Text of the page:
Spring Migration Monitoring: April 30

Yellow-breasted Chat by Brett Tryon

Finally it is feeling like spring! Today was the first day for weeks that we didn't have to contend with rain, snow, fog or wind. It was calm, sunny and bustling with birds. The first Purple Martins of the season were seen, and the breeding birds were busily defending territories and competing for mates. It was as if the Red-Wing Blackbird championship was underway, the males taking turns battling it out in mid-air, their feet locking and causing them to fall in a flapping fury to the ground.

We had a steady stream of birds, the majority of them Yellow-rumped Warblers. There were some Western Palm Warblers as well, and the first Yellow Warbler of the season. I tend to forget how incredibly brilliant they are, until I have that first spring male in the hand. One of the volunteers aplty called him a little drop of sunshine.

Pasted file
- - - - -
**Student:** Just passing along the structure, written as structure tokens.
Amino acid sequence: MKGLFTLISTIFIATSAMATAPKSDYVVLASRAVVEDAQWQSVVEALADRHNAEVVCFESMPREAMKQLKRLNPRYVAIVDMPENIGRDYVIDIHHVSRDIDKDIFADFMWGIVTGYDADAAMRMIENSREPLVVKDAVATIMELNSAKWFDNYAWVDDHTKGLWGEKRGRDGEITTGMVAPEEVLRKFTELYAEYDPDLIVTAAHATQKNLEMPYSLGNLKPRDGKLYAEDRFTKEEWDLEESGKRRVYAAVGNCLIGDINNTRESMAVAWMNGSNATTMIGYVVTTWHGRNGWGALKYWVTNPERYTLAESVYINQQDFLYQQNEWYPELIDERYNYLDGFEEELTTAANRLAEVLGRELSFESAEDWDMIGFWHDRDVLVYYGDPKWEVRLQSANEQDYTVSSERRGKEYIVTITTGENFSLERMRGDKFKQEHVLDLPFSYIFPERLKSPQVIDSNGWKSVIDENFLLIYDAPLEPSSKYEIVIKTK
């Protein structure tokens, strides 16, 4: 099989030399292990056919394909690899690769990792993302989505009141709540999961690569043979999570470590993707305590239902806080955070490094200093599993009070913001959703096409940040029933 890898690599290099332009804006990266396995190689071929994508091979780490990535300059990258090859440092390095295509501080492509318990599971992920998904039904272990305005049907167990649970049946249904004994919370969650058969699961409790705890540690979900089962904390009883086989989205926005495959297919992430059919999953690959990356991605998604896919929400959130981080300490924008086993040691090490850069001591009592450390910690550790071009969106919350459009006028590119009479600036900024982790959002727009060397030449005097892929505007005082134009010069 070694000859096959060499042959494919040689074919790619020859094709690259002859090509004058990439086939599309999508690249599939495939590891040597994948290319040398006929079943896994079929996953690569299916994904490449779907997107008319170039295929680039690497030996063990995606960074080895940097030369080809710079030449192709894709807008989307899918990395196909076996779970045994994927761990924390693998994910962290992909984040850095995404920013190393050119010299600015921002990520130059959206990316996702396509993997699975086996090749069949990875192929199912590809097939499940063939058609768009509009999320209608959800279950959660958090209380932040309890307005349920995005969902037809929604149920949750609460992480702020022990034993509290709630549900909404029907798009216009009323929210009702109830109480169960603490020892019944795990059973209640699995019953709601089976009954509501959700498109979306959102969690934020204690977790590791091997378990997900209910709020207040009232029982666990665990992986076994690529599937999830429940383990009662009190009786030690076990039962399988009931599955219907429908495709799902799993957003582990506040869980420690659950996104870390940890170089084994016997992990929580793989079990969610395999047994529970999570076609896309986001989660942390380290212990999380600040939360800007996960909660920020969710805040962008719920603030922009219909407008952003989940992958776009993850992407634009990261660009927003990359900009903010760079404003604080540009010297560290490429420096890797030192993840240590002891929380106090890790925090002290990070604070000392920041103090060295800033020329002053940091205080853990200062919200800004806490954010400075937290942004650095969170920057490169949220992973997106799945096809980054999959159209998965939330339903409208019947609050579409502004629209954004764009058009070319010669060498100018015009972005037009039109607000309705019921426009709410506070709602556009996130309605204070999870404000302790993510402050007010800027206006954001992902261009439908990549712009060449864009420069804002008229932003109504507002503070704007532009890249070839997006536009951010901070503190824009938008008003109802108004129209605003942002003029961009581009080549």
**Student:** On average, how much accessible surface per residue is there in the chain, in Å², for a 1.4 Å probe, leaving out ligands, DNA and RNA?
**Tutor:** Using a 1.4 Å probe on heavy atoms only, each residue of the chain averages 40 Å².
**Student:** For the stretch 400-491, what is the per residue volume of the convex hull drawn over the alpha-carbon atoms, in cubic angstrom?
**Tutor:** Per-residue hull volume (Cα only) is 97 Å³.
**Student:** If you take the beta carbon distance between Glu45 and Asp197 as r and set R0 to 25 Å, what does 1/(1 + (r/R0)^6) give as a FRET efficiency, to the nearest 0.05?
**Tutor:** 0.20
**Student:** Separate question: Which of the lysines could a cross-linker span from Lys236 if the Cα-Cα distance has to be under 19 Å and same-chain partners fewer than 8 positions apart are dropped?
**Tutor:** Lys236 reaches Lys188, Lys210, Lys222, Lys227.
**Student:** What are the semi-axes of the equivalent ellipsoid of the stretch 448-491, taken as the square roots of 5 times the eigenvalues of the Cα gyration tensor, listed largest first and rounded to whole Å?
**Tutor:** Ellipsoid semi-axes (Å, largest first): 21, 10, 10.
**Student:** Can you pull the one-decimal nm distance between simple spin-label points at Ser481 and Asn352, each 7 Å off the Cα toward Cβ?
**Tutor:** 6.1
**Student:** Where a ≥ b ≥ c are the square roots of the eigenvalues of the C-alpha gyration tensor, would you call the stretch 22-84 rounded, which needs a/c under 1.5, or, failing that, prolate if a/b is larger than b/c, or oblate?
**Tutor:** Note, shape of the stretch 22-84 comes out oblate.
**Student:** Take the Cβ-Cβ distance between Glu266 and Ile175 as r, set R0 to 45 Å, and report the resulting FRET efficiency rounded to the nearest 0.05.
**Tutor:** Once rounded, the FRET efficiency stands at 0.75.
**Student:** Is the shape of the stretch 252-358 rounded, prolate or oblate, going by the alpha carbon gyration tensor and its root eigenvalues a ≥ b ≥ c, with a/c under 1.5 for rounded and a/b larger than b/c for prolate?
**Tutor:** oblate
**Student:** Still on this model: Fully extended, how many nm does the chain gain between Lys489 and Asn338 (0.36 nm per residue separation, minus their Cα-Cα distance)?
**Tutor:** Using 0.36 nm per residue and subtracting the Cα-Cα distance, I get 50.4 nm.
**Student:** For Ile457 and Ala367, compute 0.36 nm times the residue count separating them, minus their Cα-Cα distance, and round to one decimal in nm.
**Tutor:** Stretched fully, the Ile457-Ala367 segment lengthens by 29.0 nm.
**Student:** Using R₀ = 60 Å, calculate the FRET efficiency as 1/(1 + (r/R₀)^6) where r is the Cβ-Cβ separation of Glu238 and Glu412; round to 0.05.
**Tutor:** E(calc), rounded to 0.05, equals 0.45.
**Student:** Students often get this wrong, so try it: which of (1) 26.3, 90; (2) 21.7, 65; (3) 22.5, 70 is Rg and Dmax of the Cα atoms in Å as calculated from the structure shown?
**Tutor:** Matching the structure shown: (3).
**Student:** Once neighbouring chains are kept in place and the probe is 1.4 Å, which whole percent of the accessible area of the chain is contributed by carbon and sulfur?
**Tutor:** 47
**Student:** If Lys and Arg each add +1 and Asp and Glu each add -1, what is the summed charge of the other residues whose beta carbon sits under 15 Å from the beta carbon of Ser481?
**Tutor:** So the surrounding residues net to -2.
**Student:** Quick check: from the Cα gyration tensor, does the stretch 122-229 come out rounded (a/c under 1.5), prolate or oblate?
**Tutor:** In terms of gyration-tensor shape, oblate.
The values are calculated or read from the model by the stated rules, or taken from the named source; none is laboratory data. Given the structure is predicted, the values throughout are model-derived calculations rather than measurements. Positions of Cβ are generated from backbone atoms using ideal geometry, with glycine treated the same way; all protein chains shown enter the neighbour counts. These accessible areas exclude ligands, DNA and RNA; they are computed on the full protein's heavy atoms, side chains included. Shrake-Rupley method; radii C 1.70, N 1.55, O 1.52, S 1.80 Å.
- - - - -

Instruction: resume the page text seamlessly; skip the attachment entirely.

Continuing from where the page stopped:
Yellow Warbler by Brett Tryon

The most exciting capture of the day however, was a Yellow-breasted Chat. It was only our second time banding a chat, the first record in 2007. Someone reported seeing one at the base of the spit in the "wet woods" yesterday, so it was amazing that it made it up to peninsula D and ended up in one of our nets. We likely would not have seen it otherwise, since they are such secretive birds and we were too busy with banding to go bird the study area. This highlights one of the values of banding, as it can often reveal species which are otherwise not observed.